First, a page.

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CD REVIEW: "The Whole Love" by Wilco

dBpm Records
"The Whole Love" by Wilco
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CD REVIEW:  Wilco – The
Whole Love
 (dBpm Records)  2011

If “Art of Almost,” the opening track to Wilco’s newest
album The Whole Love is any
indication of what lies ahead on the Chicago band’s latest offering, then I am
going to put this one up and grab my old copy of A.M. and bliss out on some old-timey alt-country. I know, I know. I
threaten to do that with every Wilco release. Perhaps I’ll get over it someday.

That said, I want to like Wilco records. I certainly like
the Son Volt stuff. Reliable Americana, that. But Wilco is a whole ‘nother
animal. Being experimental is cool but you gotta be able to pull it off. I know
the edgy A Ghost is Born is a
favorite among Wilco fans, but give me the subtle psychedelia of Summerteeth any day. I like melody,
harmony and a backbeat to write home about.

And so not quite unexpectedly, The Whole Love is sort of all over the place, and I say that, well,
lovingly. It actually grows on you after repeated listens. In fact, I’m finding
that the longer I listen to it, the better it gets. Autumn records tend to be
like that.

So, with scattershot beats over symphonic synth sounds and
bleeps and blips, singer Jeff Tweedy – a long way from his days in the twangy
band Uncle Tupelo – the overly-long song really doesn’t do much for me, despite
Tweedy’s attempts at trying to sound relevant and artistic.

Sometimes Tweedy and the Wilco boys seem to be
overcompensating for something with each album. I remember in the summer of ’09
picking up Wilco (the album) and
thinking, ‘Okay, this is going to be Wilco at its best. The one that will put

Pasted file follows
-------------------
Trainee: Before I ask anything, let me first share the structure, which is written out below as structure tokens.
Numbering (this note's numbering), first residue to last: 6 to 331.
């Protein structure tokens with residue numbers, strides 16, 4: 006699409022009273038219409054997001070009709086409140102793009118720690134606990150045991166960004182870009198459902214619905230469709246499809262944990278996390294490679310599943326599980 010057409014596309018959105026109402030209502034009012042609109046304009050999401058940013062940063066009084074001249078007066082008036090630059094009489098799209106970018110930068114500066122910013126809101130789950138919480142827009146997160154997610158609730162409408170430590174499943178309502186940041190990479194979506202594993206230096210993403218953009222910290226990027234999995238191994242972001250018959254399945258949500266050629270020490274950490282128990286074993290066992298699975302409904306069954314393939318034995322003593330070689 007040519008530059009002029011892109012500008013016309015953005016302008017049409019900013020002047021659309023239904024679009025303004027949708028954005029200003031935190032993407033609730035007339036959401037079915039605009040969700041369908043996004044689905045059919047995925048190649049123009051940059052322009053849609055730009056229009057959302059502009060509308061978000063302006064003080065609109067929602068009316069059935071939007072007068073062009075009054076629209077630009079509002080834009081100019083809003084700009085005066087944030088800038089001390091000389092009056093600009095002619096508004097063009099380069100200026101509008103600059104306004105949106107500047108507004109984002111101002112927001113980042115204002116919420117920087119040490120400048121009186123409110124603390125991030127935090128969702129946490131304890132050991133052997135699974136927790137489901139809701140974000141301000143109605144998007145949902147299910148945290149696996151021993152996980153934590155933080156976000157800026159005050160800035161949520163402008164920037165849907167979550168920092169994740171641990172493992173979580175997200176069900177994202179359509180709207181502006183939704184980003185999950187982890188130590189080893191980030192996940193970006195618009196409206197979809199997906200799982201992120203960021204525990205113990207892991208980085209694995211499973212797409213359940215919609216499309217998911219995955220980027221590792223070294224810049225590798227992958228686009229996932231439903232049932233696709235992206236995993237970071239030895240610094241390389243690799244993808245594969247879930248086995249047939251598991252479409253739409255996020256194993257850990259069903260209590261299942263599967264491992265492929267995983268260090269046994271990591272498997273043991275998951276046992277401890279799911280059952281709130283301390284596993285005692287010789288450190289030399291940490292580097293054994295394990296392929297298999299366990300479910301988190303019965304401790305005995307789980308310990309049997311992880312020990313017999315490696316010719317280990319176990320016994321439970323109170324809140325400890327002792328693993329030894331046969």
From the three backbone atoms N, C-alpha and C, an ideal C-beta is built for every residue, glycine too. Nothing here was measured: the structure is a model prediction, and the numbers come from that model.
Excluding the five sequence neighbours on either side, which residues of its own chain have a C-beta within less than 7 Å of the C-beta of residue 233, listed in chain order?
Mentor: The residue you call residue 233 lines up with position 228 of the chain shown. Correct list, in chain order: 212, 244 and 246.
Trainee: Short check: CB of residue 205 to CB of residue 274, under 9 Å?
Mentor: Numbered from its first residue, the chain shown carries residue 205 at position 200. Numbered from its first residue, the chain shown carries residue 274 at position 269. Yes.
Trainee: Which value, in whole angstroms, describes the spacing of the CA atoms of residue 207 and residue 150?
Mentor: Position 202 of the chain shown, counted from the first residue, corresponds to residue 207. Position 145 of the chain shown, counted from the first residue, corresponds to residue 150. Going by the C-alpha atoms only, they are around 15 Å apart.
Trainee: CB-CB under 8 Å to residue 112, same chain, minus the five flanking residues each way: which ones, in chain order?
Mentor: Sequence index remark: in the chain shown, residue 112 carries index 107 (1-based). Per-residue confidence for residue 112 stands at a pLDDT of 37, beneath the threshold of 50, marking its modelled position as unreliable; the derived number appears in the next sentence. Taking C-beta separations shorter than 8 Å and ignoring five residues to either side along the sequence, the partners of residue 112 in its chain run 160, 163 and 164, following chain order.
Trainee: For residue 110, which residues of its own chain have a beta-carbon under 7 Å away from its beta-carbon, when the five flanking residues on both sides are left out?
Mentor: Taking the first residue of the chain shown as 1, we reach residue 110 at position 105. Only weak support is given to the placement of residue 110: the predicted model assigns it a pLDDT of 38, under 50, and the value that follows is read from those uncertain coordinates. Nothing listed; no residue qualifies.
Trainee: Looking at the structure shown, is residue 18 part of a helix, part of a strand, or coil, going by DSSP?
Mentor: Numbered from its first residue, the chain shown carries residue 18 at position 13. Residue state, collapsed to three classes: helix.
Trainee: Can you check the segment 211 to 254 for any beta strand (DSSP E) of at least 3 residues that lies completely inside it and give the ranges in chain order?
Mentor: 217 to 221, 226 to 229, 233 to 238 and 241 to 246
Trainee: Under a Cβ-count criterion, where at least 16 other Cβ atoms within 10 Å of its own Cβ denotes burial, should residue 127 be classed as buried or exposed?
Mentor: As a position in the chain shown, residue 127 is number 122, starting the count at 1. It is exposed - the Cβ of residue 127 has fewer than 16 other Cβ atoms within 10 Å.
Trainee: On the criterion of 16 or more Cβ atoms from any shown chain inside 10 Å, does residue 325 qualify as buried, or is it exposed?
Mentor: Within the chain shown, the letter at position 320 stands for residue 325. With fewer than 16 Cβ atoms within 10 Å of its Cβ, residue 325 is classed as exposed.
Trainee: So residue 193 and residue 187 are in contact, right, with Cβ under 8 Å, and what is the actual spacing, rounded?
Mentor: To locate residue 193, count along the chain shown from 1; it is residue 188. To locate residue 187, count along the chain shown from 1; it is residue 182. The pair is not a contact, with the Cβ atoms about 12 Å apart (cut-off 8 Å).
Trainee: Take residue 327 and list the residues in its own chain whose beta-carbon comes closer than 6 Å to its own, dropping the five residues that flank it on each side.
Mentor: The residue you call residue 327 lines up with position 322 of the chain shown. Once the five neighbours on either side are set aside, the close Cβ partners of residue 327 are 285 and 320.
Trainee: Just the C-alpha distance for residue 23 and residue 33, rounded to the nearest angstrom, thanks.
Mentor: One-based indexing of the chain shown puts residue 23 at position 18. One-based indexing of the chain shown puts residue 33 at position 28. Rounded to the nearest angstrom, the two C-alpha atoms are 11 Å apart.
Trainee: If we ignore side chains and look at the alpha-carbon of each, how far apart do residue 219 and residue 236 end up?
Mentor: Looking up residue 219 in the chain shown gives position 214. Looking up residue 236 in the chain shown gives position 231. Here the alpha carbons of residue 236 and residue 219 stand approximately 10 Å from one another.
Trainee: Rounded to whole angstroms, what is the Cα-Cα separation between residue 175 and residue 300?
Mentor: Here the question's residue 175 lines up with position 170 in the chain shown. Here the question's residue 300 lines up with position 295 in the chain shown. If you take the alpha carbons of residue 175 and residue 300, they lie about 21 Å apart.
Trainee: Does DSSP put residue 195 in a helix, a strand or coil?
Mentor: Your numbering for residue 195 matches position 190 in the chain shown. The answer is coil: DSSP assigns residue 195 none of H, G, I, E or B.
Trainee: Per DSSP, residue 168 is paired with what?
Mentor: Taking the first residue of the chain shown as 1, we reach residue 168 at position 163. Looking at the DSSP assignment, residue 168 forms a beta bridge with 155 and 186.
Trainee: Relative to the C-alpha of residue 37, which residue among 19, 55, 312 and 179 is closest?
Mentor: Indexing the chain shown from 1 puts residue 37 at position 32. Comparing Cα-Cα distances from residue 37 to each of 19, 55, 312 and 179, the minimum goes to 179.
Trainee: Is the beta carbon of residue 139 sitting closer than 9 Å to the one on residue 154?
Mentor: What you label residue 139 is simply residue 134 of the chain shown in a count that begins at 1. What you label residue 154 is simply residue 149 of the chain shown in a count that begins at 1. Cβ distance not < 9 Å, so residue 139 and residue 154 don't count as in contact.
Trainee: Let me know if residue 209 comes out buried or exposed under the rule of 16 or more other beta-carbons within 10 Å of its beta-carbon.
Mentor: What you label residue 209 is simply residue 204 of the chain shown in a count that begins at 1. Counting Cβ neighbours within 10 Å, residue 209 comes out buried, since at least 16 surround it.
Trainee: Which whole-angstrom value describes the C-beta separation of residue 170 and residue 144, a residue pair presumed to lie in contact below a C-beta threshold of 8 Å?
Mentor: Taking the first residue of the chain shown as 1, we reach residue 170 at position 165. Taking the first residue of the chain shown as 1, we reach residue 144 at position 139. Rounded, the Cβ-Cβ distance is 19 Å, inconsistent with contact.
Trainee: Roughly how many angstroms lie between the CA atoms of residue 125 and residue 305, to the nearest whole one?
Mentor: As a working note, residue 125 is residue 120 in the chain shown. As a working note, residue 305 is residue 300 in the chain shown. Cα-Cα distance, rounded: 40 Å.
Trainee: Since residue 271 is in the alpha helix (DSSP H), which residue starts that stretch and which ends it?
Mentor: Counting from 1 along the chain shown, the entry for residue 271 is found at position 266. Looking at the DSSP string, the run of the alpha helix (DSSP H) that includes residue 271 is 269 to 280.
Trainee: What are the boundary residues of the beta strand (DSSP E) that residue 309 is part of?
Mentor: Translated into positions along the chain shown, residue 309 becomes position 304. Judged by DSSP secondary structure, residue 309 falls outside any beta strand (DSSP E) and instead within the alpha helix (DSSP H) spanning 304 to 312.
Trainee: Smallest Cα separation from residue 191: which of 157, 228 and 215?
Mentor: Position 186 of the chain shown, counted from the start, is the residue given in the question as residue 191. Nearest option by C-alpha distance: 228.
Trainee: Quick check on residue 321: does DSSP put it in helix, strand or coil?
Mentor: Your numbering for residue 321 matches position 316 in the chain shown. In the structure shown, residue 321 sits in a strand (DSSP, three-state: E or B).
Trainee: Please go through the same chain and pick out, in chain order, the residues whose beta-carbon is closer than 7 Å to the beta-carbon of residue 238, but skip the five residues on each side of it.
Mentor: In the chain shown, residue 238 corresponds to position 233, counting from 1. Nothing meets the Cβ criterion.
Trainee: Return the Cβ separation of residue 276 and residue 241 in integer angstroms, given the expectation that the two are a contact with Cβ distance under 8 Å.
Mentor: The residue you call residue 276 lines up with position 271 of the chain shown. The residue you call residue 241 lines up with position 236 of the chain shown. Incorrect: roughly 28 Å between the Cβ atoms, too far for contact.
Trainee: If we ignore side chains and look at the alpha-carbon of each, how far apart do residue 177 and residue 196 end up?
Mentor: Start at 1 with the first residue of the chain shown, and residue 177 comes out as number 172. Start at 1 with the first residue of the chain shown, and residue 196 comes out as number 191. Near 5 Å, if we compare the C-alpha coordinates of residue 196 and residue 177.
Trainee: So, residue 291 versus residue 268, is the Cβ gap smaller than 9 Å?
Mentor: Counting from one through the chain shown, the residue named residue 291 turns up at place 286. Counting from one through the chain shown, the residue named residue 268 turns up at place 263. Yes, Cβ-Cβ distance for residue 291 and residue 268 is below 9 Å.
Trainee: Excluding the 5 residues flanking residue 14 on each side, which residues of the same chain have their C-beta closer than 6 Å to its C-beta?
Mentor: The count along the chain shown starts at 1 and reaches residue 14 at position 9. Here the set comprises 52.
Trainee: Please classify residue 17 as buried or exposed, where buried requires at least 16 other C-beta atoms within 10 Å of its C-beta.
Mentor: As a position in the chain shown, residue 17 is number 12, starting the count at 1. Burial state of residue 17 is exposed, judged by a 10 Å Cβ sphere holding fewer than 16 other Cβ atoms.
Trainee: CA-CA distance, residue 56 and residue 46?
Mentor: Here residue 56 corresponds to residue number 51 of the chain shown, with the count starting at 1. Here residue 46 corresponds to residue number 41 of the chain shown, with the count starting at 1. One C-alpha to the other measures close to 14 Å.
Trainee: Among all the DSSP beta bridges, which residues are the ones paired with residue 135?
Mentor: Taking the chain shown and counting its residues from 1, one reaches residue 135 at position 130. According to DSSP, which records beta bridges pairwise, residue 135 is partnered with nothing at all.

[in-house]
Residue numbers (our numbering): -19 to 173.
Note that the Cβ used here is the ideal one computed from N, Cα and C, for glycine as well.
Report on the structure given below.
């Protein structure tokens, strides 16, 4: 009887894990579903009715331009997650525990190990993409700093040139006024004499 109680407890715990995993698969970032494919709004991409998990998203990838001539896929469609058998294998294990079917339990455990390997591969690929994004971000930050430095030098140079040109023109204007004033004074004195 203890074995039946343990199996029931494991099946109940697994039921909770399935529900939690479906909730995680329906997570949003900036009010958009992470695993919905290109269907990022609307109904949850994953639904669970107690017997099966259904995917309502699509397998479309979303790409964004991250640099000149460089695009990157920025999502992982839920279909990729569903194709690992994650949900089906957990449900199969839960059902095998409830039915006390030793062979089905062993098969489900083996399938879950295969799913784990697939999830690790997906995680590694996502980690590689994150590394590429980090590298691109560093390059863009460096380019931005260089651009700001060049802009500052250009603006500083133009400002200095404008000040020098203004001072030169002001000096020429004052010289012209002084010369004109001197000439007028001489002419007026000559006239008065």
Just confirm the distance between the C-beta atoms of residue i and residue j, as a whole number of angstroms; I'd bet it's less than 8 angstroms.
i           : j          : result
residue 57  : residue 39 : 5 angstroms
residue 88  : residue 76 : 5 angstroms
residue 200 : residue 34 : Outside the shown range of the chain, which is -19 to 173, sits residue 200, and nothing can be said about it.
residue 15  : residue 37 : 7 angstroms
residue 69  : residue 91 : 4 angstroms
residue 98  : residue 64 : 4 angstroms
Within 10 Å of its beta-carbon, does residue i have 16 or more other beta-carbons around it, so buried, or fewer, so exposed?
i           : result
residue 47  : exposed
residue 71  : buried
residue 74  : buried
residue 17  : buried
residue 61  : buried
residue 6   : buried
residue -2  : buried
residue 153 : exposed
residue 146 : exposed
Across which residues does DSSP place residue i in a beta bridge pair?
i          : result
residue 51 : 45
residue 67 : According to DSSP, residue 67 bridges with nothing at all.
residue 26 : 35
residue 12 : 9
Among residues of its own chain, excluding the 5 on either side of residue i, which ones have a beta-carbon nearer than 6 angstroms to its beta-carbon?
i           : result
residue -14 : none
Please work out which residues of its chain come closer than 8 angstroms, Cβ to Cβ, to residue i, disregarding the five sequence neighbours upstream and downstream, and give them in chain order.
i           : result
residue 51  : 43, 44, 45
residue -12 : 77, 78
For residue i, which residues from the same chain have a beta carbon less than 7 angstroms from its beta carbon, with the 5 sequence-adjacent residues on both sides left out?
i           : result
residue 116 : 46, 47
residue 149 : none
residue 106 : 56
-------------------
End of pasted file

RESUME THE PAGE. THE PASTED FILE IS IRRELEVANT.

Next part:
me firmly back in their camp.” And while there were some highlights on that
release, “You Never Know” being a good example, I gave it a grade of C+ at the

With a retro organ straight outta garagerockville ’66, “I
Might” has a catchy groove and seems to get better as it bounces along. And
speaking of catchy and bouncy, “Born Alone,” where Tweedy sunnily sings “I have heard the war and the worry of the
gospel / Ferried fast across the void
.” Okay, maybe not accessible, but
interesting. And bassist John Stirratt seems to like the straightforward bass
lines he was given. And Glenn Kotche, over on drums? He is heavy on the
cymbals, my friend.

There is a dreamy, Lennon-esque quality to “Sunloathe.” And
there is a middle-aged meatiness to “Dawned On Me.” Nels Cline gets to some
quality time on guitar and Tweedy even whistles a bit. This one has “radio-friendly
single” written all over it.

The same could probably be said of “Standing,” an upbeat
mope-rocker that has a bit of mid-70’s-styled glam energy that keeps things
interesting. There’s a sprightly feel to “Whole Love.” With it’s Beatles-styled
psychedelic vibe, it stays pretty

The quiet intimacy of “Rising Red Lung,” with it’s fingerpicked
guitar strings, tender washes of synth and Tweedy’s hushed vocals make this one
a surprising standout.

But Tweedy and the boys wait until the very end to give us
the best song on The Whole Love. It’s
a12-minute song called “One Sunday Morning (Song for Jane Smiley’s Boyfriend).”
It’s a big song in that it tackles the subject of a loving God and a man (that
would be Jane Smiley’s boyfriend, of course) coming to terms with the death of
his overbearing, religious father who “said what I had become / No one should
be.” The boyfriend had told Tweedy that now that his father was dead and gone,
he felt the burden his father had put on him had finally lifted.

Sings Tweedy in a hushed tone over acoustic guitars, piano
and a glockenspiel:“I said it’s your God
I don’t believe in / No your bible can’t be true / Knocked down by the long lie
/ He cried I fear what waits for you

Strong stuff and I commend Tweedy for writing this important
song, among the best in Wilco’s catalogue.

The Whole Love is
not the sort of record you’d throw on at a party. It’s more for folks who like
listening to BIG albums on BIG headphones.

Copyright 2011 West
Marie Media

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Andrew W. Griffin

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Andrew W. Griffin received his Bachelor of Science in Journalism from...

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